So, with my heart free for a proper football relationship and several of my claret and blue supporting colleagues at Hapag-Lloyd rabbiting on about West Ham during our tea breaks I decided fairly sharpish in March 1996 I would buy a ticket for the upcoming home game against Manchester City on Saturday, March 23rd – and find out if West ’Am could be my home from home, my surrogate family in England. A perfect match, on and off the pitch, maybe ?
At that point I only had been away from home for three weeks!
As most of you will recall, we won that game 4:2. Iain Dowie scored twice, skipper Julian “The Terminator” Dicks added another with a piledriver from outside the box with Portuguese loan striker/photo model Dani providing the final nail in City’s coffin who were destined for relegation that season. They had three Germans on the pitch that afternoon, but it didn’t save them.
And I was past the point of saving too – I had hopelessly wholeheartedly, foolishly fallen in love with West Ham United, the club colours, the singing of Bubbles, the humour displayed by the fans, the passion on the pitch, the raucous atmosphere in that weird and wonderful stadium (I had to look past a supporting pillar during my first game, I still saw everything as I was pretty close to the pitch still, even from the West Stand Upper).
I was even impressed with seeing police horses in action which were unheard of in German football at the time, police dogs for sure, fierce Alsatians on duty for local derbies, they were a common sight on German matchdays, but horses ? Not really.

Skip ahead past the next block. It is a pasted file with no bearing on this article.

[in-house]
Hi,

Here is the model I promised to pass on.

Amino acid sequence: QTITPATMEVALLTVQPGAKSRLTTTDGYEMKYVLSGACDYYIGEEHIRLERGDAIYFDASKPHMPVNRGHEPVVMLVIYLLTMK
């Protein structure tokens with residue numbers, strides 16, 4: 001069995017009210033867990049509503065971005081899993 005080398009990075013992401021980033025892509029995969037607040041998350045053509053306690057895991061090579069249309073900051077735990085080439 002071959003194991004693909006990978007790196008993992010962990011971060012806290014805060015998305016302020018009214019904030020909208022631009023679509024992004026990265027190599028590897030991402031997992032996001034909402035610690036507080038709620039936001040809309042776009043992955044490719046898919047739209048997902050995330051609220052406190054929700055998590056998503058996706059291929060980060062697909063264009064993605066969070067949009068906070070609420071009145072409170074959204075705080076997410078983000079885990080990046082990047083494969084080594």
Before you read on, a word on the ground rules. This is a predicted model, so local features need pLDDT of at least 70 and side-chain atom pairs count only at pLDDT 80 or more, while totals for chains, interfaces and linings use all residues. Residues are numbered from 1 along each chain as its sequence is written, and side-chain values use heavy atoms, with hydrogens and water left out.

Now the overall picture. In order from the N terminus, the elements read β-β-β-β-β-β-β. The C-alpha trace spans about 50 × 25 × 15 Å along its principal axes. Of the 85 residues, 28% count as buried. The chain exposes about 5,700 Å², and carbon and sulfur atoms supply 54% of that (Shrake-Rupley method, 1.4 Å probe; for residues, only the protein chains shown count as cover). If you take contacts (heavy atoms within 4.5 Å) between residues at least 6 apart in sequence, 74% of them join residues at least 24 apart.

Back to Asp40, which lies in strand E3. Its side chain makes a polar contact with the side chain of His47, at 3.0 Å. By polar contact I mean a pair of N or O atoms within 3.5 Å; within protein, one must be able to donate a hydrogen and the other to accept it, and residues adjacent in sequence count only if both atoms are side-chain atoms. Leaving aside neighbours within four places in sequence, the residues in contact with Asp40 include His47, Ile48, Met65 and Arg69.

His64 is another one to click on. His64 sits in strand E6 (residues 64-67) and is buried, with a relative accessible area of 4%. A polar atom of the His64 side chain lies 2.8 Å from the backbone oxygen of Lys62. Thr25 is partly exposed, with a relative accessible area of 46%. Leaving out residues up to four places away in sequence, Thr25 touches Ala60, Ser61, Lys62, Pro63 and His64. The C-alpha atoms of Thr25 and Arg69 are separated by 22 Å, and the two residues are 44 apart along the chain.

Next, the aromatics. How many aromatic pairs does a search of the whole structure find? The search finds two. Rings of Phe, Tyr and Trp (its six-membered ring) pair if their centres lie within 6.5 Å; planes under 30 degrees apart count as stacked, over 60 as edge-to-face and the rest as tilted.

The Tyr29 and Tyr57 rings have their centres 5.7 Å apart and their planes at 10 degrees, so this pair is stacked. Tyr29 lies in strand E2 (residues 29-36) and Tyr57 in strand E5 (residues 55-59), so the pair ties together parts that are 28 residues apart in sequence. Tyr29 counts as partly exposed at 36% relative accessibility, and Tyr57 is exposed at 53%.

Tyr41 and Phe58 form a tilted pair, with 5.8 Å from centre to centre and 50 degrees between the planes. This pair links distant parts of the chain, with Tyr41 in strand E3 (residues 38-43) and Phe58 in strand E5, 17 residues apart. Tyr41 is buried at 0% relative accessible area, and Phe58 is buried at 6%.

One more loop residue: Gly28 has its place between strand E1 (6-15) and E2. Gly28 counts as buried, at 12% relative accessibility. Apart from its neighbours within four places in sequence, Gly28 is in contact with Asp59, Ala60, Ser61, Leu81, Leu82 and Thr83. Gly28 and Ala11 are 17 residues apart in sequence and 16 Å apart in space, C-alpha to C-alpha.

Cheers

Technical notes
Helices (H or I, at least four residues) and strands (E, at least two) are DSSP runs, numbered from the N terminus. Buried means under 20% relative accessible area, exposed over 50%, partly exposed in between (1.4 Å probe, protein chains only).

The rest, as they say, is history. So, what was different, football-wise ? It’s funny what you remember from your own matchday experience from 24 years ago and what you can only remember after refreshing your memory by watching highlights of the game on Youtube or DVD.
There were only three substitutes allowed on the bench back then, if I remember correctly. The Upton Park pitch in March 1996 showed precious few patches of green and quite a lot of brown, muddy spots (like the St.Pauli pitch used to in those days).
There were only just over 24.000 fans inside the stadium, but at times it sounded like at least 15.000 or so more. That noise bowled me over…and it got me hooked, wanting more of it.
News on the club in the days before the internet were hard to come by.
You actually had to buy a newspaper in the hope they might have some West Ham related bits in the sports section that day and you used to eagerly wait for the latest issue of Hammers News Magazine to arrive on the shelves of your local newsagents once a month, picking it up from WHSMITH at Barking Station in my case.
Pubs ? As far as Barking was concerned I was surprised how many pubs there were back then, I hadn’t expected quite so many outside the city centre.
Back then I used several of those, a main one to watch the football and to drink with the colleagues on a Friday night (Legends), others to enjoy a Real Ale (The Spotted Dog, The Bull) or take mates or family members when they were over from Germany (The Barking Dog or The Spotted Dog).
From previous visits I knew that pub culture was a big thing in England, but there were around ten pubs crammed into a relatively small area in Barking back then and I wondered how on earth they all found enough trade to thrive. A few years later, of course, plenty of those pubs were boarded up, so I guess that answers the question.